Currently, I am more than halfway through with Snow Like Ashes by Sara Raasch. So I’ll probably be back to talk about the ending when I get there. For now, I’m going into spoilers–fair warning for those who haven’t had the chance to read it yet and like surprises.
Let me start you off with this:
Steam rises off wild turnips and onions, twisting into an aroma of savory sweetness. But it’s the berry bowl that makes my stomach do a little dance of excitement…and seeing the bowl of frosted black and red orbs makes more than hunger twirl through me. Alysson makes them…when enough ice can be found to freeze the berries solid. They’re a Winterian delicacy, something all the other refugees eat in revered solemnity.”
I mean come on, that writing is just superb, wow! Can we just acknowledge the fact that Sara Raasch is talking about berries? I want to eat them; it sounds so amazing.
All right, now to really dig in. Main-character Meira is the one cherishing these berries. She is too cool for me. She’d rather be fighting with the men in her boots with a chakram than cook and wear dresses. Even food-scouting isn’t enough for her. Meira is a fighter. Then, she’s got herself a bit of a love triangle going on. Winter’s King Mather or Cordell’s Prince Theron? I’m rooting for Theron. (Mather & Meira shippers, don’t kill me.) He has so much depth–he’s a fighter and writes poetry!–and it’s so obvious he cares for Meira and ALL of his people, even the servants. And he has to deal with his stupid father. Ugh, dumb Noam.
Please direct your attention to this incredible dialogue:
“I can be helpful,” Theron offers, his voice light. “I am, in fact, trained to help an entire kingdom, so I think I can channel some of that training into helping one beautiful woman.”
I look up at him, my eyes narrow despite the smile that crawls across my face. “That’s not fair, throwing out compliments like that. Do you know how dangerous those things can be?”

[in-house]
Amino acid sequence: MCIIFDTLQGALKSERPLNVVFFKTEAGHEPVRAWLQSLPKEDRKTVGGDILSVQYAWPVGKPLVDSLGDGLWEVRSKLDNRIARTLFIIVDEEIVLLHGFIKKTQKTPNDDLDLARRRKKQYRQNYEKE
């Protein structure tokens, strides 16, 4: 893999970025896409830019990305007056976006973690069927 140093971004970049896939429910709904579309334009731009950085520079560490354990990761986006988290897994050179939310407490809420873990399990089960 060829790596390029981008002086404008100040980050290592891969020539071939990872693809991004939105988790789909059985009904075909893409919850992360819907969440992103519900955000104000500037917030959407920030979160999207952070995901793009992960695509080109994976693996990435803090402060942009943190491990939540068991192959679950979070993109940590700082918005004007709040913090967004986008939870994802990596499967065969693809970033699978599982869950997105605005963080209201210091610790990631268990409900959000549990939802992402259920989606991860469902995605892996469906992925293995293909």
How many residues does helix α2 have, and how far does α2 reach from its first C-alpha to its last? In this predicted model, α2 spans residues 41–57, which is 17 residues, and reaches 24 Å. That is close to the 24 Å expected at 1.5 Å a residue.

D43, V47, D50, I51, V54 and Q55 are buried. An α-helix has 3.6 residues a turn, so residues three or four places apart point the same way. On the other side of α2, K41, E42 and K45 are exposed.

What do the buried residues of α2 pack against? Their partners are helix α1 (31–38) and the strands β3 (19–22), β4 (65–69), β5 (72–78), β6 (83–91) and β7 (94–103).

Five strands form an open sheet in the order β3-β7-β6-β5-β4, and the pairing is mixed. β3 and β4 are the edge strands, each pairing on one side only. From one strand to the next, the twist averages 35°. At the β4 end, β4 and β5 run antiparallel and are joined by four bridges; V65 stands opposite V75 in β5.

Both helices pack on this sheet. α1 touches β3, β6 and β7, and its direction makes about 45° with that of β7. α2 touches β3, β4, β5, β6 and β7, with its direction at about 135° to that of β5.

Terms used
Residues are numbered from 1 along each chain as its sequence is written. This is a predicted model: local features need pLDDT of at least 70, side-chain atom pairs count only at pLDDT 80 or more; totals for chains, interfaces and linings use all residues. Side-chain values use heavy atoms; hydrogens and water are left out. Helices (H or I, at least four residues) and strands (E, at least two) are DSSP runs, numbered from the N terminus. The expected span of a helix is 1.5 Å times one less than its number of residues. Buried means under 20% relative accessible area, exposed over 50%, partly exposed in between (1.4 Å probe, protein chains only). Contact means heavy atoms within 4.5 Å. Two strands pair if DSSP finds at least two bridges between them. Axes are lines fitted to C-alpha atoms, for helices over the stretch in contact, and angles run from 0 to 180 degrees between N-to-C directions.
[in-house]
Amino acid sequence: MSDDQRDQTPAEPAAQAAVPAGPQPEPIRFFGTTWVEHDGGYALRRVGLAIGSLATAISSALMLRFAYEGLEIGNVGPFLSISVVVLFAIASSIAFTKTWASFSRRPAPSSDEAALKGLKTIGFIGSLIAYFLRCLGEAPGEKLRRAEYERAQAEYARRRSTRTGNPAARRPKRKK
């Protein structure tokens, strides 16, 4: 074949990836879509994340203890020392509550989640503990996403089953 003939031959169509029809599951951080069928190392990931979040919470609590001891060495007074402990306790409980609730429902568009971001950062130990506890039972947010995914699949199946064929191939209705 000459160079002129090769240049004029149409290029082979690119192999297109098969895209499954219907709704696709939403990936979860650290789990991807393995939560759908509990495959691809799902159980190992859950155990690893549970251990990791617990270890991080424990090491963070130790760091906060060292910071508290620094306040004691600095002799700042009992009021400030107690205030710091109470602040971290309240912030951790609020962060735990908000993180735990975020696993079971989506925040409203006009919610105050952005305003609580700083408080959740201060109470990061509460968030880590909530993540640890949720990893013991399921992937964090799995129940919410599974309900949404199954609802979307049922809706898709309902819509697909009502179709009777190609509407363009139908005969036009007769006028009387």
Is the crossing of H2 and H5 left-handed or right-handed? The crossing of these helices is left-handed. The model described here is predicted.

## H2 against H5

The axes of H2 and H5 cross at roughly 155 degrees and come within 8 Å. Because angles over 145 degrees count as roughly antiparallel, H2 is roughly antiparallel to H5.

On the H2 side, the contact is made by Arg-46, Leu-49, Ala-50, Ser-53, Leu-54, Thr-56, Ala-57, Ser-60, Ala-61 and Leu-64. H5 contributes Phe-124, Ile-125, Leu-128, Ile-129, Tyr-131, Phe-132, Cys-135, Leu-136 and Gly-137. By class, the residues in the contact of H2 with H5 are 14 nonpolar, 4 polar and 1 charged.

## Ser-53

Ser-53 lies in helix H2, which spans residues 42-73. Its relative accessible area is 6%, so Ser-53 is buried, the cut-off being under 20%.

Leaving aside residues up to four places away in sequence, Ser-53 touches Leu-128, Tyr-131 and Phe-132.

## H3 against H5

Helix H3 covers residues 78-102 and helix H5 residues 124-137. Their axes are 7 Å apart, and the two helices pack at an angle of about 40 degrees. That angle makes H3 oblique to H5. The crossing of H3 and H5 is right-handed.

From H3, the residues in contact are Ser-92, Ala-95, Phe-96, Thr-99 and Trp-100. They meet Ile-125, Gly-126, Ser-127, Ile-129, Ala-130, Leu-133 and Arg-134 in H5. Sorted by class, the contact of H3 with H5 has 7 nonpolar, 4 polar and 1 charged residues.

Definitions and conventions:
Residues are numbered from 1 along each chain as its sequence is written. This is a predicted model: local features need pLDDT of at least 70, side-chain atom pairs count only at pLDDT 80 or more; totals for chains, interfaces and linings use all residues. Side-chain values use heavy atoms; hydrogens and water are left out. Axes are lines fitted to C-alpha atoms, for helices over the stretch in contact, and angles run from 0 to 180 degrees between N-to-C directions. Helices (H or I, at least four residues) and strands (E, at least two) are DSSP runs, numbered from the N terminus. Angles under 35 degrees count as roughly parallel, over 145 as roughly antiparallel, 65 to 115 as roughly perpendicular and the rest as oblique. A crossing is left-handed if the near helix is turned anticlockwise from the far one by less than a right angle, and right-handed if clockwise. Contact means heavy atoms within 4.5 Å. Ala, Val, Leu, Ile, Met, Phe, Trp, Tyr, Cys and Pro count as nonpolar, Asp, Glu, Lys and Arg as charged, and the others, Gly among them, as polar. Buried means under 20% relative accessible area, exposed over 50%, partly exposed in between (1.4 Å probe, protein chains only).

Theron shrugs, grinning, his cheeks tinged just the slightest pink. He’s embarrassed?
He drops his grin into a pout, puckering his lips and pulling his eyebrows tight over his nose.
He pouts harder.
“You’re impossible,” I growl, and rip open the book.
Theron laughs and scoots a little closer to me. “Impossible, endearing. Synonyms, really.”
I mock-laugh…”I’m trying to learn more about magic,” I start.
Theron gasps. “While reading a book called Magic in Primoria? No!”
“Impossible, endearing, hilarious. Also synonyms.”
“So you agree I’m endearing?”
I glare at him and open my mouth, only to find I have absolutely nothing to say. He smiles, waiting, and my gape becomes an incredulous snort.
Did anyone else giggle while reading that?
And Sara creates all these places, which are accompanied by a map in the beginning. (That was greatly appreciated. I don’t know how many times I flipped back to the map.) Seasons, Rhythms. There are even places within places. I’m talking about the tunnels under the Winterian camp in Spring, you know, the one with the wall with the famous quote. A secret little getaway for the prisoners–how great is that? It might be a little overwhelming in the beginning to get used to all of it, but you’ll pick up on everything in no time.
Speaking of picking things up, I would very much like an excuse to say sweet snow above, golden leaves, and mother of all that is cold.
I’m going to get back to reading, and I’ll be back as soon as I can to discuss the ending of Snow Like Ashes once I’ve finished!